HTC's Flyer tablet will run Android 2.4 rather than Android 3.0 in the second quarter. Analysts say HTC Sense is likely the reason Honeycomb got the pass for the Motorola Xoom rival.
Few people following tablets were surprised when HTC
the HTC Flyer, a
7-inch tablet to compete
with Apple's iPad, Samsung's Galaxy Tab lineup, and the
Motorola Xoom at Mobile World Congress Feb. 15.
It's HTC's platform choice to power the
device that has triggered head-scratching
among some tech watchers. While tablets such
as the Xoom and Galaxy Tab 10.1 will run Google's tablet-friendly Android 3.0
operating system, HTC said the Flyer will
run a hybrid version of Android 2.4 and be powered by a 1.5 GHz processor.
HTC spokespeople declined to respond to eWEEK
's request for comment on why
Android 2.4 was picked over the logical Android 3.0 build.
HTC's choice is a bold one, considering
Samsung was lambasted for putting Android 2.2 on its first Galaxy Tab. Android
3.0-which Google showed off
on a Xoom first at the 2011 Consumer Electronics Show,
in January, and then earlier this month at its headquarters-is tailored to
optimize the Android experience on tablets.
Honeycomb, as Android 3.0 is nick-named, was rebuilt from the ground up for
tablets, offering whiz-bang graphical elements and apps layered like stacked
Honeycomb also facilitates 3D graphics for gaming, which is a popular tablet
draw. The new Google Maps 5.0 for Android, with its 3D building rendering, is a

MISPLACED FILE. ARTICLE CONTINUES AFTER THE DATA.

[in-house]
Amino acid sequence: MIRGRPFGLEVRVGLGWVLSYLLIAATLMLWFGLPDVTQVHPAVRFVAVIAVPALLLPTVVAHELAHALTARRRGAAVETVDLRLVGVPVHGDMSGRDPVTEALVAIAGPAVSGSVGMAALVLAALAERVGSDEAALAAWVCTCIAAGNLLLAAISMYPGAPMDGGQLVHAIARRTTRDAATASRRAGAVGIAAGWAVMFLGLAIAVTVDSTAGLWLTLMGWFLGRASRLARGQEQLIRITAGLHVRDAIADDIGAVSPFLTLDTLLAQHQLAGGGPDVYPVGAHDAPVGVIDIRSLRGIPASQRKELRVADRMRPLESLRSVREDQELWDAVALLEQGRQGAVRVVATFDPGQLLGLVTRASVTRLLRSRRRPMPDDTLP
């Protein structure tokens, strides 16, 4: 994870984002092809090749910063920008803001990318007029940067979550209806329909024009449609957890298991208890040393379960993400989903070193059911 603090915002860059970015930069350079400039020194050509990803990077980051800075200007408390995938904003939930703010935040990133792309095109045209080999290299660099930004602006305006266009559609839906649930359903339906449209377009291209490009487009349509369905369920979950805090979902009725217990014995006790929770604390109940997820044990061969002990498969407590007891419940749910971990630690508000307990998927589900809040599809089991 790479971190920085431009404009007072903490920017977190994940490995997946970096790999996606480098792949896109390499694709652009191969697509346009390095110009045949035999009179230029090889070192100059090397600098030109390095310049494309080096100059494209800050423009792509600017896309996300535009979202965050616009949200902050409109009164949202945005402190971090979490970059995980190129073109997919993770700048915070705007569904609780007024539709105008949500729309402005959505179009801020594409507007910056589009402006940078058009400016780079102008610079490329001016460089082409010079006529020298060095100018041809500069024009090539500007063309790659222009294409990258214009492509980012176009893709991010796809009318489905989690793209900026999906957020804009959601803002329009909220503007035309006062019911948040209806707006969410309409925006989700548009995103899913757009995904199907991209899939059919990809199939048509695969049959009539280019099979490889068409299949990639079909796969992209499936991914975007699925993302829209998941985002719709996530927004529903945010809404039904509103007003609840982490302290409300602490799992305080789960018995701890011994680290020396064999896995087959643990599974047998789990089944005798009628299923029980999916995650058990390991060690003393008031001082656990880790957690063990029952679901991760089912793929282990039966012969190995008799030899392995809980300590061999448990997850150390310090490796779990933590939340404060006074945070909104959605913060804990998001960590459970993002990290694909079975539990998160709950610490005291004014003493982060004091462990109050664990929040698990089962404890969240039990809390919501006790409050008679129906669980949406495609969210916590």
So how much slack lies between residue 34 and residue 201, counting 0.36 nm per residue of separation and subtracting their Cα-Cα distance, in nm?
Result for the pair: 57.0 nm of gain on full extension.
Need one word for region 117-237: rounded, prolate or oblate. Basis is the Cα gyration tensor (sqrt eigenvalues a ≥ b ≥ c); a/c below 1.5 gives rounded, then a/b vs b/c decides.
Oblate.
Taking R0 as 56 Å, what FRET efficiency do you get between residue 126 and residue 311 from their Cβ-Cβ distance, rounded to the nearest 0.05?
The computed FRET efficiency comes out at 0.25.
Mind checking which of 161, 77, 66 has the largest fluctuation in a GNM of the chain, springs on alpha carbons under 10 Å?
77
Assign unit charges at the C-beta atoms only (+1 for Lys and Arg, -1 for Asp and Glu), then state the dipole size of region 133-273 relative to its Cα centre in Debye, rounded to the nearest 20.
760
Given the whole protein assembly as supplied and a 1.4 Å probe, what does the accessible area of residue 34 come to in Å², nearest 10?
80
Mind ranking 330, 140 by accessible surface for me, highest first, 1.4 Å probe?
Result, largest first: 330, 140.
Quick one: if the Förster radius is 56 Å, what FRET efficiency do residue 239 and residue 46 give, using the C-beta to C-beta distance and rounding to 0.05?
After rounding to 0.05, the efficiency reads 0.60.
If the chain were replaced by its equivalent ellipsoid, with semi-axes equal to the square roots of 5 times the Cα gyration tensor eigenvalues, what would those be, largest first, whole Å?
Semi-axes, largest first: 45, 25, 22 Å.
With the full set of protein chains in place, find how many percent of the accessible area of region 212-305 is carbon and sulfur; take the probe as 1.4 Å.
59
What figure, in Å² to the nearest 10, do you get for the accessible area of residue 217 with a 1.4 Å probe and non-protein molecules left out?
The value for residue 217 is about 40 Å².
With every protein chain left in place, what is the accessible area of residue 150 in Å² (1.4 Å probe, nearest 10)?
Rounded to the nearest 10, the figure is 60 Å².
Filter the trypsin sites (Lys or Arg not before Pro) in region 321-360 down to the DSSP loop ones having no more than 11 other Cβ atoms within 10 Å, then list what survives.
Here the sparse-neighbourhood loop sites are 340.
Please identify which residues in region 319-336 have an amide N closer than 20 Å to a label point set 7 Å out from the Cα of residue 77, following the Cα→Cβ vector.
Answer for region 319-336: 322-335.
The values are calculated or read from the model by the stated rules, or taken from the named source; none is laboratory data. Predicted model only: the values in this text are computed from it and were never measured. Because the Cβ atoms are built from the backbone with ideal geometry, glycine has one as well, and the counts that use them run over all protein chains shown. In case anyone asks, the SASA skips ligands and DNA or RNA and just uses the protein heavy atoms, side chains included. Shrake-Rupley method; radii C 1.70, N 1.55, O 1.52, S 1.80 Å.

sight to behold on the Xoom.
Slated to launch in the second quarter, the Flyer will also feature a 3D
home screen with a carousel of widgets, thanks to a version
of the smartphone maker's HTC
Sense user interface tailored for tablets.
Users will able be able to access the tablet through touch gestures, as well
as a stylus to leverage HTC's Scribe
technology for note-taking. The device is also powered by a 1.5 GHz processor.
Independent industry analyst Jack Gold said that while the fact that the
Flyer doesn't run Honeycomb might appear to be a step backwards, HTC's
case is a little different.
"HTC supplements Android with its
Sense UI anyway, so the underlying code is less critical than for those vendors
who ship straight Android," Gold explained.
"And it's likely that HTC added a
number of features/functions that make the experience better than straight
Android, just like it does on its phones that run the Sense interface. So in
this case, running Android 2.4 under the covers may not be that much of a
Even so, prospective Flyer buyers who have seen Honeycomb in action might
expect HTC to offer an upgrade path for the
device once its Sense interface is running on top of Honeycomb.
Of course, Honeycomb will likely appear on future HTC
tablets. HTC's Peter Chou indicated
at Mobile World Congress that the company could
introduce tablets with larger form factors, leaving open the possibility that a
larger HTC Honeycomb tablet is forthcoming
later this year.
Meanwhile, Google has made little information about Android 2.4 public,
though there is talk that this OS build will be released at Google I/O, in May.
it is offering a ViewPad 4 smartphone based on Android
2.4 this spring. Company sources have said the chief difference between Android
2.3 and Android 2.4 is that Android 2.4 supports dual-core applications.